My early assessment ended up being more accurate that I could have imagined. One of the most fascinating things about Orlean's writing, and specifically her book "The Orchid Thief," is the way she takes this little corner of culture that is unknown to most people and uses it as a scope through which to explore a larger, more universal experience. In "The Orchid Thief," the insular world of orchid collectors gives Orlean a place to ask what it means to be passionate about something. In the zine "Meta," Kilgallen and her folk- and graffiti-inspired creations give Marissa a similar space through which to explore the virtue of the imperfect.
At first glance, the notion that imperfection is something to be embraced seems counter-intuitive, particularly in our culture, which places a high premium on perfection. Take the obvious example of the fashion magazine. The pages of these magazines feature beautiful women whose livelihoods depend on meeting a specific ideal, whose faces provide canvasses for the brushes of top make-up artists and whose bodies are sculptures upon which elegant clothing is draped. Yet the desire for perfection persists so strongly that the products of these collaborations are not enough, and the resulting photos are digitally altered until every last blemish is obliterated.
But then, what is left? The end result is often spooky and disjointed, bearing only a limited resemblance to the woman whose photograph was taken. The humanity has been erased and lightened and tinted and filtered out, and what remains has all of the warmth and allure of a video-game character.
Marissa explores this in her own career as an artist, where she struggles to overcome her need for perfection in her work in order for it to feel worth her while:
It didn't occur to me that these errors made my work more interesting; they were what identified the work as mine, separating it from all manner of things mass-produced, and making it real.This passage called to mind the Arts and Crafts movement of the latter half of the 19th century, where artists and crafters began placing high value on hand-crafted furniture, pottery and textiles. The Arts and Crafts movement was the artistic counterpart of the Progressive political movement. The adherents looked at the Industrial Revolution and its mass-produced hideousness, both in terms of aesthetics and social conditions, and sought to push back that by promoting art that was handmade and carefully crafted.
The Industrial Revolution won out, and it has been supplanted by the digital revolution, which I'd argue has further standardized our means of expression. Zine librarian Jenna Freedman writes about this in her essay "Zines are Not Blogs," about the way most bloggers use the templates provided by the platform's developers. Our Facebook pages all look the same; the only differences lie in our curation of media we like and our collection of status updates and photos.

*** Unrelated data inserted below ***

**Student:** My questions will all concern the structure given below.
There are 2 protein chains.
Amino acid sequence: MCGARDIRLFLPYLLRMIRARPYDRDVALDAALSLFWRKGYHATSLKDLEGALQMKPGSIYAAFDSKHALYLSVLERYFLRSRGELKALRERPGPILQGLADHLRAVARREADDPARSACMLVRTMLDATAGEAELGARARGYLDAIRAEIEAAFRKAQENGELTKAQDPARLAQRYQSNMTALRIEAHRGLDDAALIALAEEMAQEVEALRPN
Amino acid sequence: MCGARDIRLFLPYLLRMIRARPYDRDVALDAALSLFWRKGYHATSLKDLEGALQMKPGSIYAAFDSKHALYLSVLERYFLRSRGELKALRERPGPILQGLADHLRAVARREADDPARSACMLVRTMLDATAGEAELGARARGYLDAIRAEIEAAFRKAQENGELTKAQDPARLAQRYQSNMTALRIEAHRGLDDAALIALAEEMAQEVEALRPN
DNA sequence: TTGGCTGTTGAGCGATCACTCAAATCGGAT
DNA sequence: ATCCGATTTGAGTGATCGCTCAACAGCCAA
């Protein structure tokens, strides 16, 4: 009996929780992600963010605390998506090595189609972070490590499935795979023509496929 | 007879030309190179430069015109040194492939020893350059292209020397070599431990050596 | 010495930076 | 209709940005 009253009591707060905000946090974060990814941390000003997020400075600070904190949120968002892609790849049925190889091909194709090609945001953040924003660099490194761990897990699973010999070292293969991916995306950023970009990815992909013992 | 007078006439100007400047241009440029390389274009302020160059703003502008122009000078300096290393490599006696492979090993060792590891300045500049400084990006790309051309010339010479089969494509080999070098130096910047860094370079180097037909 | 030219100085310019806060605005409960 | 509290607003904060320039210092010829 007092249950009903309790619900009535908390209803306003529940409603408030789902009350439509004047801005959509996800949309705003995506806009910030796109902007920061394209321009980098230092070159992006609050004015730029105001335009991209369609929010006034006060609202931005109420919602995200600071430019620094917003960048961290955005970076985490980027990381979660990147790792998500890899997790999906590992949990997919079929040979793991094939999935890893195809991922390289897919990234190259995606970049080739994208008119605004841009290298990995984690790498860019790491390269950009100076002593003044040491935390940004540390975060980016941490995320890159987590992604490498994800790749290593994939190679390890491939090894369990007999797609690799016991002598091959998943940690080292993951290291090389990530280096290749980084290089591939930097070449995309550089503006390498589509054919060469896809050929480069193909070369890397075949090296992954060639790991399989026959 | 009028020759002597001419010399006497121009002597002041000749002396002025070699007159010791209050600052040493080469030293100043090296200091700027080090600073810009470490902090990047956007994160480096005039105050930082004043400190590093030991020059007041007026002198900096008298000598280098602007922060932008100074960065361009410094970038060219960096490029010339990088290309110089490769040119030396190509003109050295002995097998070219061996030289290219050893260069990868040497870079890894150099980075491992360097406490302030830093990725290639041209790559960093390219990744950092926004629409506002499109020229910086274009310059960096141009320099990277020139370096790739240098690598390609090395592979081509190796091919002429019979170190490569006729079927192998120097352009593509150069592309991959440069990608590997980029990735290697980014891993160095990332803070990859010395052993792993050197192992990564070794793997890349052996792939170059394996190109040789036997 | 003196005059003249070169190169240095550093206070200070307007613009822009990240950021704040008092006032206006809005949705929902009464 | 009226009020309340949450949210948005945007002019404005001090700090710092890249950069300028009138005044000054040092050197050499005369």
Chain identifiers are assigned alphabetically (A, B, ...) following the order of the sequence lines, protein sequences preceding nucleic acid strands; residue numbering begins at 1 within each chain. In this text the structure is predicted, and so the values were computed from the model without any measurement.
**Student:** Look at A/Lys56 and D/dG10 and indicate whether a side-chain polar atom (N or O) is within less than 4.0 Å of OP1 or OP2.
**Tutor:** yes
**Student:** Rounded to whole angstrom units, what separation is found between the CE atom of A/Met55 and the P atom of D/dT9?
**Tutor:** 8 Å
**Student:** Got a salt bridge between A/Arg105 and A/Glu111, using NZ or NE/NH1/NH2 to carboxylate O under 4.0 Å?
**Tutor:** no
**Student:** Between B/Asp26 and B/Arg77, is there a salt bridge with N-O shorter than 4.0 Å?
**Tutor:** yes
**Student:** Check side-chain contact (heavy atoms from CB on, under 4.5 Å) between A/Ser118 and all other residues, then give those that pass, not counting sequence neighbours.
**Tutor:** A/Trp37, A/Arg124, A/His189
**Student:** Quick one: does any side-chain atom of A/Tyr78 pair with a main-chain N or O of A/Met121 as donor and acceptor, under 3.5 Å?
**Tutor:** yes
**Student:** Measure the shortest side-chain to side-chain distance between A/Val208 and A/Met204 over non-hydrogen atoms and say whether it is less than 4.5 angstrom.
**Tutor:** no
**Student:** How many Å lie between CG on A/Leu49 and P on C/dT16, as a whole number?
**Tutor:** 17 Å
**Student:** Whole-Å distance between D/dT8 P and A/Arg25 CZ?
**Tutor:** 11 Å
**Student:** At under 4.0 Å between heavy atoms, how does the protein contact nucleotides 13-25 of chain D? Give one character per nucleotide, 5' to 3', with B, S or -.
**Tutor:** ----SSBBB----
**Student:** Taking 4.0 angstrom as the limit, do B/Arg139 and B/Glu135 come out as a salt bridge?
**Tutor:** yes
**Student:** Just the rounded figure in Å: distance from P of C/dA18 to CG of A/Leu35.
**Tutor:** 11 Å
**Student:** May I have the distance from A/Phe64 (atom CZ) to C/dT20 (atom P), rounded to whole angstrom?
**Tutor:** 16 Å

In this way, art that is made by hand, art that resists the mandate of perfection, art that wears its flaws proudly...this all becomes a way to resist the social pressures that would prefer we spend our time and money trying to be exactly like one another. To embrace imperfect art in a world that demands nothing less of perfection can be an act of rebellion, one borne of love for the wild complexity of humanity.
I don't think it's a coincidence that Marissa writes about this - and about Kilgallen - in a zine. The title of the zine "Meta" is a nod to Kilgallen's tag name, but I also think Marissa is making a comment on zines, how they are by their very nature imperfect. The imperfection of zines - the typos, the uneven cutouts, the wavering lines - is where you see the zinester. Without those imperfections, well...the zine might as well have been created by a machine.
And what exactly does "perfection" mean, anyway? How did we decide that symmetry and smoothness were perfection, and that everything that deviated from that was a flaw? I consider this a lot in conversations about women and their bodies, how they can point out their thighs or their noses or their hair as being imperfect, and I can't help but wonder why one arbitrary standard became the standard by which we measure all other things.
I think this holds true for everything. The things that we define as "imperfect" are evidence of our unique stamp on the world, our off-kilter way of plotting a novel, our own way of composing a sentence, our specific method of drawing portraiture. They make us recognizable as individuals. They are the things that make us us.
Marissa's zine is available through her etsy shop. Obviously, I highly recommend it.